Author, sociologist, historian and civil rights activist W. E. B. Du Bois poses for a portrait at home at 31 Grace Court in Brooklyn Heights in 1958...

Dr. William Edward Burghardt Du Bois (February 23, 1868 – August 27, 1963) was the most outstanding of the Afro-American militant civil rights leaders at the beginning of the 20th century, and was the scholar who, in 1909, conceived the idea of an Encyclopaedia Africana.

He was born in Great Barrington, Massachusetts, of French, Dutch and Black ancestry, but identified himself with his African heritage. He was the son of Haitian-born barber, but was brought up by his mother’s family, the Burghardts, who had farmed in New England since his maternal great grandfather had been emancipated from slavery for his service in the American Revolution. He was educated at great Barrington high school, where he obtained a scholarship to Fisk University in Nashville, Tennessee, a black school, from which he graduated in 1888. He next spent four years at Harvard University, first studying philosophy under such teachers as William James (1842-1910) and George Santayana (1863-1952) and obtaining his A.B. in philosophy in 1890, and then pursuing graduate studies in political economy and History. In 1892 he won a fellowship to Berlin University and found that in Europe he received better treatment from whites than in the United States. At this time, he also travelled to Switzerland, Italy and Austria-Hungary. He received his Ph.D. from Harvard – the first black man to obtain a Harvard doctorate – for his thesis on “The suppression of the African Slave Trade to the Unites States of America, 1638-1870.” His thesis was published in 1896 as the first monograph in the Harvard Historical Series.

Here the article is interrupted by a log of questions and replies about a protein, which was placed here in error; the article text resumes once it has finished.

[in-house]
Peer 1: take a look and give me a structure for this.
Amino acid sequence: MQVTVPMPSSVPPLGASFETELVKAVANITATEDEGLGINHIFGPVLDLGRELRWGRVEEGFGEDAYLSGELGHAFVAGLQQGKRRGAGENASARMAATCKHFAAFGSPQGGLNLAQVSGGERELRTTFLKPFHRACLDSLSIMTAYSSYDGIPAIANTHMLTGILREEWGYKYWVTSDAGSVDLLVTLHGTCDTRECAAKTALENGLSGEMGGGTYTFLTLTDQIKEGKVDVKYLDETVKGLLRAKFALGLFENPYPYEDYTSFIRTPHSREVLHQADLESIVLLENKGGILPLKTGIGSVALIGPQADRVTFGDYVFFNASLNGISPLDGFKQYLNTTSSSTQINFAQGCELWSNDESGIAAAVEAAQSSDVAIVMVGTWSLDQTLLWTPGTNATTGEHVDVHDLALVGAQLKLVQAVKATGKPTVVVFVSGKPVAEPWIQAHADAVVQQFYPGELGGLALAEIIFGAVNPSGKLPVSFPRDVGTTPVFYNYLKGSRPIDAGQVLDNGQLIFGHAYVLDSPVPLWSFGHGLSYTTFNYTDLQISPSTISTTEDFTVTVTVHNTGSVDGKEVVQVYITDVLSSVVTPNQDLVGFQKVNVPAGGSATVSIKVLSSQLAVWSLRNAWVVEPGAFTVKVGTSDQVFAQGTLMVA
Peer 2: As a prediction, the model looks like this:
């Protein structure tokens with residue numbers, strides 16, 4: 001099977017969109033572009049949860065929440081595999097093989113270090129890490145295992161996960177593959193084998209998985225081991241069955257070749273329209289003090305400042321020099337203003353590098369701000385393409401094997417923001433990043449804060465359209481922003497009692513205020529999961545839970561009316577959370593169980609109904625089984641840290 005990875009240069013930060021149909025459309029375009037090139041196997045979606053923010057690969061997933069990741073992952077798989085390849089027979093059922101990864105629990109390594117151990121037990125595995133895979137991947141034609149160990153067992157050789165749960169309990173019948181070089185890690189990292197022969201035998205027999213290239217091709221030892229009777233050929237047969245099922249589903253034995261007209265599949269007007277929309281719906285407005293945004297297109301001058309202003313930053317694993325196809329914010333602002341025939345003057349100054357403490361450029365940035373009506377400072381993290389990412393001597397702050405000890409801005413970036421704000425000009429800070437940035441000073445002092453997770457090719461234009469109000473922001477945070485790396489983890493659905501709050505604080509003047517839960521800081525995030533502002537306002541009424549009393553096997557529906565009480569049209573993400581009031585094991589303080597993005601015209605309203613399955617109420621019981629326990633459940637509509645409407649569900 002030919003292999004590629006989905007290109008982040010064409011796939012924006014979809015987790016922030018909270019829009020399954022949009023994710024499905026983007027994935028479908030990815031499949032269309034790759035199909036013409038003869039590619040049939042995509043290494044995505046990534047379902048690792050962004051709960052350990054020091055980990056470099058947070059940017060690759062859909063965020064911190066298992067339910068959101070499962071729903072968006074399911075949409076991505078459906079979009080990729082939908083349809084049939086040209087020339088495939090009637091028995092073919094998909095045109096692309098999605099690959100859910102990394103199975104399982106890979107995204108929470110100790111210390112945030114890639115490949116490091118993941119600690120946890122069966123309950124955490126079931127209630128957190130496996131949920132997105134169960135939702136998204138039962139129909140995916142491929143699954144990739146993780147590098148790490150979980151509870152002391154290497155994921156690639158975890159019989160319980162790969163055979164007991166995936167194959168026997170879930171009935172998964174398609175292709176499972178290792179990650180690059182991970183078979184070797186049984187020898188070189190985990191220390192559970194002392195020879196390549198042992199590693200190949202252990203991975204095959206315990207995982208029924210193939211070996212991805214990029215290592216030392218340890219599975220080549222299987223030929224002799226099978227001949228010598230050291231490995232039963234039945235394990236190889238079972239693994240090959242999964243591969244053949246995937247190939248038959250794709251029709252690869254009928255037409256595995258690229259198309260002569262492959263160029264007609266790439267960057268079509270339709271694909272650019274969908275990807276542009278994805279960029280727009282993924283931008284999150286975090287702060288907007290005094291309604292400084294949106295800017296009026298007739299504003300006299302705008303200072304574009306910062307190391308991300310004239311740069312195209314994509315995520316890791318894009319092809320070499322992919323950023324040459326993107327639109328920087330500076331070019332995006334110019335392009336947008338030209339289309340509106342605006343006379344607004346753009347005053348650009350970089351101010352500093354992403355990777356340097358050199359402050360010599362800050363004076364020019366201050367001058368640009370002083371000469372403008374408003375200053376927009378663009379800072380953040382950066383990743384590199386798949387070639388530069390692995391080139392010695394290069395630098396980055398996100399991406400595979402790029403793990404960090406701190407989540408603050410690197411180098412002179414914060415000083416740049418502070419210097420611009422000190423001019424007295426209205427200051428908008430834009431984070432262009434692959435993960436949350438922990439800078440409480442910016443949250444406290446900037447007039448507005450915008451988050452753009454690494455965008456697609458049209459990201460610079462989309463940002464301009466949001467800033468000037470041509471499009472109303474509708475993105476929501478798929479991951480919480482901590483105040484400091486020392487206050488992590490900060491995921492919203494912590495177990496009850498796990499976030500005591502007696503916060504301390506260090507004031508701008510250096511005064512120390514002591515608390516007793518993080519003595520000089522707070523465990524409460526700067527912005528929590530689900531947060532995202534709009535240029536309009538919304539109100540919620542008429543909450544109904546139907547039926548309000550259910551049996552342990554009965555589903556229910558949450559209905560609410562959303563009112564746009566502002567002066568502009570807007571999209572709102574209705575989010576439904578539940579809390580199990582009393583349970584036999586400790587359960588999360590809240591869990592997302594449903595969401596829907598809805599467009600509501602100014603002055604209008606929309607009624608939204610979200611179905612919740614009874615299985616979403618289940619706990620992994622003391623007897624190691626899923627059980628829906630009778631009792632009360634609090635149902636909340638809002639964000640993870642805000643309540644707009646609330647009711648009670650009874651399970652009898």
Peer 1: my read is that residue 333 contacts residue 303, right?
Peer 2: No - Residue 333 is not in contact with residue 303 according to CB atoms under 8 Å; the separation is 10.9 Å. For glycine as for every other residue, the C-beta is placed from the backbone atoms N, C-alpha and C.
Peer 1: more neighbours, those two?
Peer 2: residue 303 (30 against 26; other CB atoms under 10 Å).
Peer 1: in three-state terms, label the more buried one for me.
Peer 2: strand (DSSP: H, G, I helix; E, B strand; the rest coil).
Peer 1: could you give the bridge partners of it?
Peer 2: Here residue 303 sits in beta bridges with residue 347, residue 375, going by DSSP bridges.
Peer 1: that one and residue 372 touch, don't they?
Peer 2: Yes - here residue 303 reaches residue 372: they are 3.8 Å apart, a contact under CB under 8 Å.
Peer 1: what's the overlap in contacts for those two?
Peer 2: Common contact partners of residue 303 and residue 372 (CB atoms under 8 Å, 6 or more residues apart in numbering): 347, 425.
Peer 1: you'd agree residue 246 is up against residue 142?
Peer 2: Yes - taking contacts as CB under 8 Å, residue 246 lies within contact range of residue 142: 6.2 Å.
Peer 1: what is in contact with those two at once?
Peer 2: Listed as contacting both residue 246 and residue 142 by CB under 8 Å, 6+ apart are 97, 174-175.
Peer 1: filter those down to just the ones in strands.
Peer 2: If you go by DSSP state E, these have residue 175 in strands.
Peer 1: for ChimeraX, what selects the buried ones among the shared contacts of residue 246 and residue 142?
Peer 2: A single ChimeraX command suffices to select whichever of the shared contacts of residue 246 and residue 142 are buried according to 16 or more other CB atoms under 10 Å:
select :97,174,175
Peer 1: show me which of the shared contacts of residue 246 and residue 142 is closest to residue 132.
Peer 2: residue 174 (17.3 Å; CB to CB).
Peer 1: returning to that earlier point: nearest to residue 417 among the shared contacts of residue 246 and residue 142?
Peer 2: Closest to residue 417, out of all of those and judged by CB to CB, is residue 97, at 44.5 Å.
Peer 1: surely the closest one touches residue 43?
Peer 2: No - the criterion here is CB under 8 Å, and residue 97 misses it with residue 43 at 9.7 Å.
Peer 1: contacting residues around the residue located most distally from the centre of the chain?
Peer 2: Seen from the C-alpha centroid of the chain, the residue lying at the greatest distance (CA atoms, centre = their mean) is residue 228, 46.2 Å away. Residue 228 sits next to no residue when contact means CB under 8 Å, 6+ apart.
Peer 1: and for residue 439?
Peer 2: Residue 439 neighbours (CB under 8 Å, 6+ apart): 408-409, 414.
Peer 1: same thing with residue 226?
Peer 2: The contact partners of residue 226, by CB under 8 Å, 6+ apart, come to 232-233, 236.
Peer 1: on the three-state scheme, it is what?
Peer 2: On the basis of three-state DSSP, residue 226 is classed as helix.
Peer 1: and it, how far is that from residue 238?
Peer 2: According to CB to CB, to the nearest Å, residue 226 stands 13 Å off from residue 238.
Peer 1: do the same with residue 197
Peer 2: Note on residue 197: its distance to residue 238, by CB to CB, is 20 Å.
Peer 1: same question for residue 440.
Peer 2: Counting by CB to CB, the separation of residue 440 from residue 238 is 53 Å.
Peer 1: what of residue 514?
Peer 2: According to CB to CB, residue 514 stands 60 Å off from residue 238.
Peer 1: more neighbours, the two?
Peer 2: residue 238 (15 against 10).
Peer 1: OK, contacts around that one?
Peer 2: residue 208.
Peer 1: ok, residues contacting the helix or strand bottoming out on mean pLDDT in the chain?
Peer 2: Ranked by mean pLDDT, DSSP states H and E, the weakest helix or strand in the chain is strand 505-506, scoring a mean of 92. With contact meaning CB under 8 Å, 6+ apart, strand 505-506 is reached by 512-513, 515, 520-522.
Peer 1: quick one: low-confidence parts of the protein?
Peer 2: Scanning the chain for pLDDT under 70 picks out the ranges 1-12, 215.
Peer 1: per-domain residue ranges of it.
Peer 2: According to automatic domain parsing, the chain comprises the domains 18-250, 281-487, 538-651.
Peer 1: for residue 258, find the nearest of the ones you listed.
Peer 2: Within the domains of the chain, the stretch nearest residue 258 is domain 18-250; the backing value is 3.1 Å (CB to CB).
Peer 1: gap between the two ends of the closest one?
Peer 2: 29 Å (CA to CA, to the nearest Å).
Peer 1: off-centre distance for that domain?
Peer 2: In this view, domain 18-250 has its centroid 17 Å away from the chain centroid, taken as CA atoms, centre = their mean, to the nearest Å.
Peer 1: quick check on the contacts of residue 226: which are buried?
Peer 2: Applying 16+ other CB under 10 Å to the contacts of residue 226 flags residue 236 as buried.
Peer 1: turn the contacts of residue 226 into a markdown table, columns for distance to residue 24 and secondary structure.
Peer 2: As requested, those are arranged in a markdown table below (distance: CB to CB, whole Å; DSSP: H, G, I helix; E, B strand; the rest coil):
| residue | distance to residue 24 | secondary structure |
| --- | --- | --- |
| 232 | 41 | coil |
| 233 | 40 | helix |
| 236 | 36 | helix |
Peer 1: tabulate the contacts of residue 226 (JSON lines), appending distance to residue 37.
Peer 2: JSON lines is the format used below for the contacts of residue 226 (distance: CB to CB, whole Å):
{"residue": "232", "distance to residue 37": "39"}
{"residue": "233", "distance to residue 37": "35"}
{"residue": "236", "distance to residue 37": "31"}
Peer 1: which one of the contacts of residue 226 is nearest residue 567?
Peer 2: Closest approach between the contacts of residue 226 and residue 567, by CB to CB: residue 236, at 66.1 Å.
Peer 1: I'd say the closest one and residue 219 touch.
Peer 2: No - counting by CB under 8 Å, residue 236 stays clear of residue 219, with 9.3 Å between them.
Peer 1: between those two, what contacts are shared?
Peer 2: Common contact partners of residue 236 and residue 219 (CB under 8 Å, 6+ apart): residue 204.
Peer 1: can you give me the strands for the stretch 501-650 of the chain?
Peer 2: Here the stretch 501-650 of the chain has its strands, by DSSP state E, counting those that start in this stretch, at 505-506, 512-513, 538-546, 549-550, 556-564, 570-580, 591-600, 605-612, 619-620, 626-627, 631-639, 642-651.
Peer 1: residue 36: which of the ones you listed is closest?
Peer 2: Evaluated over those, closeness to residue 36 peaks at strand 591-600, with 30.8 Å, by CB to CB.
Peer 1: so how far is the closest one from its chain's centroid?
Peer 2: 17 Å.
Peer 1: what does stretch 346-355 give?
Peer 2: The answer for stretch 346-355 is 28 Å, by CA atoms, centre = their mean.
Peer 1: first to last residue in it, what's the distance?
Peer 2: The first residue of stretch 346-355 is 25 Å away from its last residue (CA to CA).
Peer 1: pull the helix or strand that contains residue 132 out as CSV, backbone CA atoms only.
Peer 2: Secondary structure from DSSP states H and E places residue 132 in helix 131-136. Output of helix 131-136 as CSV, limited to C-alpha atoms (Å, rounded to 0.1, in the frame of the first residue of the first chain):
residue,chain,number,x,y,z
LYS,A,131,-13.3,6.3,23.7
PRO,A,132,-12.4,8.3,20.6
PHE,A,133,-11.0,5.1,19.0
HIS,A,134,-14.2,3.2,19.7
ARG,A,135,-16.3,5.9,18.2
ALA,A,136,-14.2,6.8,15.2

On leaving Harvard, he had been appointed professor of classics at Wilberforce University in Ohio. He left in 1896 for the University of Pennsylvania, where he turned to Sociology – thus becoming the first black sociologist in the United Studies. In 1897, he was appointed director of Negro Studies at Atlanta University, Georgia, where he spent the years until 1910 writing scholarly works, engaging in political propaganda, and participating in humanitarian projects. He published a number of sociological research studies, including The Philadelphia Negro: a social study (1899).  He refused to accept the inferior role which white Americans had mapped out for blacks, and which had been accepted by Booker T. Washington (1856-1915), the leading spokesman for black Americans at that time. He stressed that the ‘talented tenth’ of black Americans should be encouraged to compete with whites in all fields of study, and not in industrial education alone, and he also bitterly opposed racial segregation. His book, The Souls of Black Folk (1903), aimed at interpreting blacks to white Americans.

He attended the Paris Exposition of 1900, and in the same year participated in the first Pan-African Conference, held in London from July 23-25 under the sponsorship of a Trinidad lawyer, Henry Sylvester-Williams. His particular interest in Africa and Africans dates from this time.

Dr. William Edward Burghardt Du Bois

After his return to the United States, he initiated the Niagara movement (1905-1910), a forerunner of the National Association for the Advancement of Coloured People (N.A.A.C.P), which called for full political, civil and social rights for black Americans. Du Bois was the movement’s executive secretary. Its greatest success was achieved from 1905-1907, but it later encountered financial difficulties, and suffered from poor organisation, and quarrels among the directors.

In the elections of 1908, Du Bois supported the Democratic Party, because he felt that the Republicans did not deserve the votes of black Americans. Thereafter he became a convinced socialist.

By 1910, he was at a turning point. His plan for black self-help had failed, and a magazine he had founded in 1907, Horizon, faced financial ruin. He had also alienated the white philanthropists who supported Atlanta University. But after the Niagara Movement merged with a group of white liberals to form the N.A.A.C.P. in 1909, he became editor of the new organisation’s publication, The Crisis, in 1910, continuing to hold the editorship until 1934.